I can’t imagine how that would have turned out. The Hi Power went through several significant design changes, many of which happened after Browning’s death. Thank Dieudonne Saive for the Hi Power as it exists today.

  • C.

    Aren’t both Winchester and Browning owned by FN Herstal today?

    • ostiariusalpha

      Browning was always associated with FNH. It was used to retail their sporting purpose firearms.

      • Another example would be Weatherby, who shopped out most of their production to foreign firms.

  • Tyler

    Browning was a mechanical genius, however, lacked the necessary industrial engineering methods to bring his ideas into mass production. One of the hardest things is actually taking a prototype into mass production after implementing/standardizing the manufacturing procedures. There’s are several occurrences of him turning over prototypes, only for the engineering teams to take the projects over.

    • I can only think of one firearms designer who did not need production engineers to realize his design: John Garand.

      • ostiariusalpha

        Well, they did replace his gas trap with a gas port fed, long stroke piston. Garand was pretty amazing though. I don’t know how many engineers worked with Pedersen either

        • Don’t Drone Me Bro

          You mean Garand redesigned it. Keep in mind he also designed all the fixtures and tooling to build the M1. There’s a reason after he retired from Springfield Armory, he was brought back by Matheson Tool as a consultant on their work for the T44 series.

        • Garand was still working for Springfield Armory at that point, so I would reckon he was in on the gas port modification himself.

        • Credit to Daniel Watters for digging this up:

          • ostiariusalpha

            It is a bit humorous to me, at least, that he still didn’t extend the rifling all the way to the muzzle of the barrel in the patent diagram. In the description, he mentions that either full rifling or this smooth bore are options. It seems like a dim remnant of his gas trap system, I’m curious if any practical test barrels were ever produced and, if so, how reliable they were.

          • You pretty much nailed it. I think this strengthens the argument that they switched from the gas trap system primarily because it wasn’t durable enough for bayonet training/fighting.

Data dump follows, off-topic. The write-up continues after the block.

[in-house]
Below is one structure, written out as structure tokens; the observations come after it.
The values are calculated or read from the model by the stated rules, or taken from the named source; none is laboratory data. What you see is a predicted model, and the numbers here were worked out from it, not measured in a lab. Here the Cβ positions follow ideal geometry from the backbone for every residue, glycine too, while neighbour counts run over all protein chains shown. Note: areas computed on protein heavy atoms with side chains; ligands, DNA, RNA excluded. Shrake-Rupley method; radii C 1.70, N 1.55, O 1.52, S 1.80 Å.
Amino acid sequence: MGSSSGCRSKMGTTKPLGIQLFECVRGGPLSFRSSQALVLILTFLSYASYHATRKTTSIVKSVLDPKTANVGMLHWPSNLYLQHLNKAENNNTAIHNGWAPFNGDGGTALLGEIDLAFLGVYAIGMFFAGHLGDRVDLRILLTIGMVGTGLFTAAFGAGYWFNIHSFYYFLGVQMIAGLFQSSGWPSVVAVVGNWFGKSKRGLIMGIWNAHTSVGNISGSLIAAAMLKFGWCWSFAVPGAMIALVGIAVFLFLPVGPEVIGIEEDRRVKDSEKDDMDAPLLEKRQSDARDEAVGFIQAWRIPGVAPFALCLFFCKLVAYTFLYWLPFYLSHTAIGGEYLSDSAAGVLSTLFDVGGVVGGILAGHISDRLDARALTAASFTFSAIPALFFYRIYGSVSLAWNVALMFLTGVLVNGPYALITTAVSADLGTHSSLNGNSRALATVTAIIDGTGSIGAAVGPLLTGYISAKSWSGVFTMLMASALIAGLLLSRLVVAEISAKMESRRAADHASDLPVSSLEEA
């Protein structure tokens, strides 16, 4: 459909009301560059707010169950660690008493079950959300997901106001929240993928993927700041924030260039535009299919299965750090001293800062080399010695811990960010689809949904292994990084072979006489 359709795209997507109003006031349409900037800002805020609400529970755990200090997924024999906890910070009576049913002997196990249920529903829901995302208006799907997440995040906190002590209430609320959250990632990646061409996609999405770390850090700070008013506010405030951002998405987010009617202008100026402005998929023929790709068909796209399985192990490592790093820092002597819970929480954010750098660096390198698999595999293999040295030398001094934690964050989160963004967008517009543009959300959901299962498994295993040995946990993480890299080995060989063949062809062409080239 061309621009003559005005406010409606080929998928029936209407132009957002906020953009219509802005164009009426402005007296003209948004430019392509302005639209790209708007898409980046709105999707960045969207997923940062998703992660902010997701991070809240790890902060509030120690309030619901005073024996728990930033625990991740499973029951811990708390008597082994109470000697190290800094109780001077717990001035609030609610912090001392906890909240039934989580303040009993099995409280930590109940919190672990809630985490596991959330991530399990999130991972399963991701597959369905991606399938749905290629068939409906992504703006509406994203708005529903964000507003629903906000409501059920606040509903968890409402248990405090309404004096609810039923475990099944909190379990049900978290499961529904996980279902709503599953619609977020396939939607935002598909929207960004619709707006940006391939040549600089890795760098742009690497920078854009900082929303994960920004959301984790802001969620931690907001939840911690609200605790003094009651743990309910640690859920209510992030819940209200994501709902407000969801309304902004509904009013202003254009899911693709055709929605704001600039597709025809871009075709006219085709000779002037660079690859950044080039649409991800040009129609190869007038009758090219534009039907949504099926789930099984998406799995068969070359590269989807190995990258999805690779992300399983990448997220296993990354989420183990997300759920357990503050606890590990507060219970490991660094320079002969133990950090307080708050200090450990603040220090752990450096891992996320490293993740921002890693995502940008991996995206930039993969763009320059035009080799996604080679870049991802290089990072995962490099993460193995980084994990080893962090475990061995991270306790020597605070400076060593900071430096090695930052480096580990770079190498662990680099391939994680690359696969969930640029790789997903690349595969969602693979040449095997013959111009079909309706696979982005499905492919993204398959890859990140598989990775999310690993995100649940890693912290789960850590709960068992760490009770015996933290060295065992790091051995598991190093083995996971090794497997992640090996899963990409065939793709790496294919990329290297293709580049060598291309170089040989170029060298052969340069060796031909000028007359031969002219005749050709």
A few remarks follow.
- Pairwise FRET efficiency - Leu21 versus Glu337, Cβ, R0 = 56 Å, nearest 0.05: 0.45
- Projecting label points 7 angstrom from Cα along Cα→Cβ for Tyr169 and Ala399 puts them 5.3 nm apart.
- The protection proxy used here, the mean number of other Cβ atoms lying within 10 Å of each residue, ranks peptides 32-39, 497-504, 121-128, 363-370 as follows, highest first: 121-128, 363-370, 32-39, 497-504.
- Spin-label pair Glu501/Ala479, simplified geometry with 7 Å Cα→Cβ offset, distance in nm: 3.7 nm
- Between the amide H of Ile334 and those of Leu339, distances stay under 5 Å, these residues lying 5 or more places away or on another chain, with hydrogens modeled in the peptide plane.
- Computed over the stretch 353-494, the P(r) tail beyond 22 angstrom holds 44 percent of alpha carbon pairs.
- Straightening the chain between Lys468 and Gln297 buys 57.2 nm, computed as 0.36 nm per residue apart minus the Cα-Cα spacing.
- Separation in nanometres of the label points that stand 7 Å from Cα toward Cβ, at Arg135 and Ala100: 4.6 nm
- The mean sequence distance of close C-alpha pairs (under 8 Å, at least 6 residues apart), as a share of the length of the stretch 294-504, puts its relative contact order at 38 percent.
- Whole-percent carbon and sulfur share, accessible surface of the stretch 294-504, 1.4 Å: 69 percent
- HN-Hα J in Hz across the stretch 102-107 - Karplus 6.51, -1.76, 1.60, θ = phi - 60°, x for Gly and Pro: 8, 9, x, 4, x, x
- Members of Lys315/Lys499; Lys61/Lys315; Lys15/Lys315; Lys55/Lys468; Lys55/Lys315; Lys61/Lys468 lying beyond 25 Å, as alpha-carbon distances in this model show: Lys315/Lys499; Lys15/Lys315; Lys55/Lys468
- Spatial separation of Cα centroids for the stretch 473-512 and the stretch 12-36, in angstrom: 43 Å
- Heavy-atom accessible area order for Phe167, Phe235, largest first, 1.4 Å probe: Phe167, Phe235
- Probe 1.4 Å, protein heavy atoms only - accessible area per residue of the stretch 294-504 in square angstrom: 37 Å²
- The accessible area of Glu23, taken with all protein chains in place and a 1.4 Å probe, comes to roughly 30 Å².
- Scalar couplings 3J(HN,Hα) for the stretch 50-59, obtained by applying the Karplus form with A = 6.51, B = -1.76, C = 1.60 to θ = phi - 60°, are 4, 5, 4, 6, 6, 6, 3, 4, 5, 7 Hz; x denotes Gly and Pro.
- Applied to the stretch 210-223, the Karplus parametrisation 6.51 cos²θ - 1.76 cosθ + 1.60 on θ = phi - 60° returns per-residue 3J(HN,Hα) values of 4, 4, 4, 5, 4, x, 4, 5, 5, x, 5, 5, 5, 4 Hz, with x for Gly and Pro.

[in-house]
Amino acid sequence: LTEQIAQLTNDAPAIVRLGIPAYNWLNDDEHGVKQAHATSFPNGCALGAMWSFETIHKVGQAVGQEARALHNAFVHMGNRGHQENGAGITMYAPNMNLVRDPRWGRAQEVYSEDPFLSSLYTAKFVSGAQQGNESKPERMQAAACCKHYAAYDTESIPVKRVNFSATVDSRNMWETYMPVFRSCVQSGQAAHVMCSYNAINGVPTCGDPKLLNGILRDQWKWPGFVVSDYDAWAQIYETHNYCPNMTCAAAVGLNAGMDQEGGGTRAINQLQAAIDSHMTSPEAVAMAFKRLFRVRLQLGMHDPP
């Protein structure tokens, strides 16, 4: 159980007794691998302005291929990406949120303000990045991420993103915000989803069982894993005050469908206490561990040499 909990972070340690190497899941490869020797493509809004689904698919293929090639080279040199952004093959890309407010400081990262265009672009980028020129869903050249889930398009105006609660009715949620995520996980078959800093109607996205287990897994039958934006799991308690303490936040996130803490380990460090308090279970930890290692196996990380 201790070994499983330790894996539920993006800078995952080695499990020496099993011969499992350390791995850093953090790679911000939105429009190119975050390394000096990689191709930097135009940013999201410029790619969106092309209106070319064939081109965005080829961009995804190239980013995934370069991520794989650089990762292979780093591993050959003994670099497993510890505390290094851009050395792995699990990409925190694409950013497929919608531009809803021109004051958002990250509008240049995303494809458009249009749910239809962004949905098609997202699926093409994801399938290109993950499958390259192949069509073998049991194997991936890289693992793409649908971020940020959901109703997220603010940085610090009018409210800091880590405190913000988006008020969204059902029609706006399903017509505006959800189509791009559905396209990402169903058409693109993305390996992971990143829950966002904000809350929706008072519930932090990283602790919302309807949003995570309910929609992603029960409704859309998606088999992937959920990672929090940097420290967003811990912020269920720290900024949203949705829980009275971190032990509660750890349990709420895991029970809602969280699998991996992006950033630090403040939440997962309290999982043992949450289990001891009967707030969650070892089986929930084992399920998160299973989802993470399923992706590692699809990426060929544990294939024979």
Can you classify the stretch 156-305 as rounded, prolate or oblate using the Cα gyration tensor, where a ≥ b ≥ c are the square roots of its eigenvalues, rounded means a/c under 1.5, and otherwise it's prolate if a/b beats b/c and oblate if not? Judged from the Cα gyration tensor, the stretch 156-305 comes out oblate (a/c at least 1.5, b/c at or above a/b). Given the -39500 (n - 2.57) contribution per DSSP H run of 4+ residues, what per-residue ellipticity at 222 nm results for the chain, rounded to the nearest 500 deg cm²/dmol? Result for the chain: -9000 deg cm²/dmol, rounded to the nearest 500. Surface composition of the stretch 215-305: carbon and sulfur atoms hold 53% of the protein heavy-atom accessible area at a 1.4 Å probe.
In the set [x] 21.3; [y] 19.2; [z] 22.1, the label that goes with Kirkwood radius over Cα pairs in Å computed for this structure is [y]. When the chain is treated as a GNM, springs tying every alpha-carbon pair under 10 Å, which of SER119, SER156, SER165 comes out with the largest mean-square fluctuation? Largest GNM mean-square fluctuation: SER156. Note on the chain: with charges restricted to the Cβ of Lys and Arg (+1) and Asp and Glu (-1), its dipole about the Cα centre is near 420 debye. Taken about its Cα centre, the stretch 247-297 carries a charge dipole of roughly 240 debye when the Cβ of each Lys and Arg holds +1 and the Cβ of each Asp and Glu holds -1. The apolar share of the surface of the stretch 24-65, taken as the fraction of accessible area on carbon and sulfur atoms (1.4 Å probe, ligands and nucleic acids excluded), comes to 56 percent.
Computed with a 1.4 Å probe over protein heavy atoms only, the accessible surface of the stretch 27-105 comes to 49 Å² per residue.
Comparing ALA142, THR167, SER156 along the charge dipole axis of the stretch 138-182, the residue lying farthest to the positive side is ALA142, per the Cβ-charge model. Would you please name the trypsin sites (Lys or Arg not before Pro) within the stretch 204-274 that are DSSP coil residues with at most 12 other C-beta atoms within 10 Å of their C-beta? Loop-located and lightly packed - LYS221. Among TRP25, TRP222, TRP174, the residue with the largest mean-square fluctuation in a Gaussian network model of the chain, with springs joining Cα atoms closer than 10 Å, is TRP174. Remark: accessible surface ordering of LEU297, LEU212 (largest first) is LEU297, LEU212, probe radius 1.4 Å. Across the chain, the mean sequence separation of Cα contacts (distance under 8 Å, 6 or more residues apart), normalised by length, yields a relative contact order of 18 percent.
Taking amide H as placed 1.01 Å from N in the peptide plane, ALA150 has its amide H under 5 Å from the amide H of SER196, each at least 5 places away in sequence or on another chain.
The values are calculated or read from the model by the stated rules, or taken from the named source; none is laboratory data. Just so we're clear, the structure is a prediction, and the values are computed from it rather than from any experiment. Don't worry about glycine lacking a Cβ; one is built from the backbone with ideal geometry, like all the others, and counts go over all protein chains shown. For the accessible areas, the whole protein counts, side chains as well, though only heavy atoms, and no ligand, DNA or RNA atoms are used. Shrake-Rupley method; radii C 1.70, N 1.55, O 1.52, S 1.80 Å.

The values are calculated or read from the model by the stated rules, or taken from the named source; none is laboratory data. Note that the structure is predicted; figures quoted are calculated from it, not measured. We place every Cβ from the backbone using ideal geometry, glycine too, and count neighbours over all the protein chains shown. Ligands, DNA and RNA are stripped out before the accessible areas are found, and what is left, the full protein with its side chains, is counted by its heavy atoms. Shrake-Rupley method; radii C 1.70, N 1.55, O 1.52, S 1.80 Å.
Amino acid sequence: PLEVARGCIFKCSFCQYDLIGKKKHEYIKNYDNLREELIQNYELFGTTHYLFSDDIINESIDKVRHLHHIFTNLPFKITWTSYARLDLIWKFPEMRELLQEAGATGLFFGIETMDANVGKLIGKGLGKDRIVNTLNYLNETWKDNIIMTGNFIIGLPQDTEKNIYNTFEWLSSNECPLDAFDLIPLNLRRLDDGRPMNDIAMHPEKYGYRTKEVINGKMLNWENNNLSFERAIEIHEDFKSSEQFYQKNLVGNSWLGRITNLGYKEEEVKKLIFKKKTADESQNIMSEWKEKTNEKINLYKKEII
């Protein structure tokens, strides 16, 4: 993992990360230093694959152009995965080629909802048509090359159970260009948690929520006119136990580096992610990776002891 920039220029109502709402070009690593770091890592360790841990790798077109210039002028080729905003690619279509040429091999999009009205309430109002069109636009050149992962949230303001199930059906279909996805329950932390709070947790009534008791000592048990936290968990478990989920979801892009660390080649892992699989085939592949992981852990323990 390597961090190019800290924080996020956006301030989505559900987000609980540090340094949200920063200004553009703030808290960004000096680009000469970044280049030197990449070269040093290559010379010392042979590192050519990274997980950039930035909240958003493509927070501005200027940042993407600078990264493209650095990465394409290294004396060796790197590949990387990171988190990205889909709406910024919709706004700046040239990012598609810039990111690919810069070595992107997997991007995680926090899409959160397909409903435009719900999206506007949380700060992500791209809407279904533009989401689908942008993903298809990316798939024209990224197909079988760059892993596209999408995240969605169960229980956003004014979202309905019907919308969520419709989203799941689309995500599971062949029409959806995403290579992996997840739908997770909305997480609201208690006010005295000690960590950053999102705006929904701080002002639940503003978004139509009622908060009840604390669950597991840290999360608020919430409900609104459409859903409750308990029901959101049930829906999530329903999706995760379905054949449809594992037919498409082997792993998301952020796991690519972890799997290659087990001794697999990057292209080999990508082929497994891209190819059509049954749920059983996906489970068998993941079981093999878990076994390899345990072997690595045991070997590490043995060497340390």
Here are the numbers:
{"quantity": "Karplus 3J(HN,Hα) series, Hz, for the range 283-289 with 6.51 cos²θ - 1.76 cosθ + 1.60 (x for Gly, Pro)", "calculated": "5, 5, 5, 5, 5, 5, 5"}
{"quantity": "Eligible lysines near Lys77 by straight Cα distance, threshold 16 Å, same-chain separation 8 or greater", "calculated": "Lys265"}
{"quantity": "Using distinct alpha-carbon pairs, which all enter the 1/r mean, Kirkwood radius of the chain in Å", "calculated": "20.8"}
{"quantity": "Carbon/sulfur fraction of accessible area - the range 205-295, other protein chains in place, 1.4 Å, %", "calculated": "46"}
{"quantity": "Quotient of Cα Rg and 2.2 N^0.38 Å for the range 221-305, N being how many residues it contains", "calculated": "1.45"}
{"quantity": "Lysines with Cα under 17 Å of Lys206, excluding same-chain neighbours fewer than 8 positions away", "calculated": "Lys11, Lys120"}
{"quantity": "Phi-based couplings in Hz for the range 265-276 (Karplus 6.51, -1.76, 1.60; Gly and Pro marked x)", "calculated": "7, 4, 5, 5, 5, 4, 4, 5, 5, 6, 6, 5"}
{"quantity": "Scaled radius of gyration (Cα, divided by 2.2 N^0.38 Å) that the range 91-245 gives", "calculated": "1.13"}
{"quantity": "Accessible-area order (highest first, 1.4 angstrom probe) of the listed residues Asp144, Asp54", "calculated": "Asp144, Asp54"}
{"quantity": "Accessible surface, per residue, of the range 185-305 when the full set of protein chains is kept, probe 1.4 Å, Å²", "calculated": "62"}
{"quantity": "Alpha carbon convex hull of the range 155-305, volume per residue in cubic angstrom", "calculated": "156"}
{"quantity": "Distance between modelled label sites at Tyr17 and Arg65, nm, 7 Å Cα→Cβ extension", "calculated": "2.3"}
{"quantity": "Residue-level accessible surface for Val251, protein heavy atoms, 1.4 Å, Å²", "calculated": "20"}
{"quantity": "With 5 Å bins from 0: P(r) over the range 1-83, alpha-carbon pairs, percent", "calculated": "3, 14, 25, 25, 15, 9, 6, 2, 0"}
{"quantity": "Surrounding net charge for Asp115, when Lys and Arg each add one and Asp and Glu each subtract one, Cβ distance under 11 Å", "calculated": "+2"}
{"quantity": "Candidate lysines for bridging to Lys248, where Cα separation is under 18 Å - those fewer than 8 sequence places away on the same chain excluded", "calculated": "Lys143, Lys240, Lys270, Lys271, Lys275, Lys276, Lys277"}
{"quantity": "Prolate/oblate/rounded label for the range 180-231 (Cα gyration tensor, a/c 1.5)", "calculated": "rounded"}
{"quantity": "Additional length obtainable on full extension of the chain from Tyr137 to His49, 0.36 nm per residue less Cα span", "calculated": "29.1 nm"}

• Tyler

        Ronnie Barrett, Gordon Ingram, Melvin Johnson, and the late Ulrich Zedrosser are a few that come to mind that have industrialized a good percentage of their projects..

    • MPWS

      There is a clear divide between functions of designer/ inventor and industrial/ manufacturing engineer. While former formulates new idea, the latter interprets it and brings it into fruition. A person can be one or the other. Both are equally important and irreplaceable. Under normal circumstances there must be mutual respect – or else.

  • Yeah, probably. Our filter is a little neurotic, sorry.

  • I saw it and ok’d the post. I have no idea why it blocked it?

    • Nashvone

      Even the bots know he’s a sketchy fellow.

  • BryanS

    I can think of Ruger and 10rd magazines.

  • AD_Rtr_OS

    And now the Winchester name is owned by ….. FN!

    • Just Sayin’


  • Comrade Misfit

    Colt All-American 2000, followed by their near abandonment of the civilian market. They don’t now make a handgun that isn’t a direct descendant of a design by either John Browning or Sam Colt.

    • From what I can tell, the AA2000 is a good example of a decent design with atrocious execution, but I’m no expert on handguns.

      • Comrade Misfit

        “a decent design with atrocious execution”

        So what? For example, I give you the Remington R51. The spiffiest design is worthless if it isn’t competently manufactured.

        By all accounts, Colt went out of the DA revolver business because they wore out the tooling and never invested in replacing it. As a result, when the concealed-carry market mushroomed, Colt was not in a position to take advantage of it. They had an almost ideal revolver for CCW, the Detective Special, and they had none to sell.

        Yes, Colt’s revolver lockwork was complicated and damn near ancient. Colt made no real effort to redesign that, either.

        • DaveP.

          Colt tried to bring out an “updated” DS in the ’90s, called the “SF-VI”. I handled one back then, and it was horrid: heavy, bad fit and finish, and ugly to boot. More good-idea-lousy-execution from the Pony People.

        • So… I think it’s a decent design with bad execution? Do I need to justify it beyond that?

      • roguetechie

        Personally the one I can’t forgive is Colt being the primary reason I will probably never get to own the one revolver I have ever wanted…
        the funny thing is I’d have gladly paid the colt markup and bought one of their survivor 2000 models in addition to at least one actual P&R Medusa…
        Not only did their waffling basically doom Phillips and Rodgers, but the effect it had on Phillips himself pretty much doomed the chances of a competent, honest, and serious company to ever get Phillips and his Medusa back in the game.
        he actually participated in a very in depth thread on THR making his feelings very clearly known.

    • DaveP.

      You could write a book (and it wouldn’t be a thin one) about Colt’s bad ideas: Yes the All American (and that alone is huge: look at all the civilian and police sales Glock has made since the ’90s, and imagine what kind of profit Colt could have been raking in right from the start if they had produced something that even came close to matching the Glock 17 for reliability and cost) but also the death of the Detective Special just in time for the CCW boom to hit, the Double Eagle, that .22 thing they came out with in the ’90s to compete with the Ruger Mark 2, the “Good Corporate Citizen” Colt AR-15’s…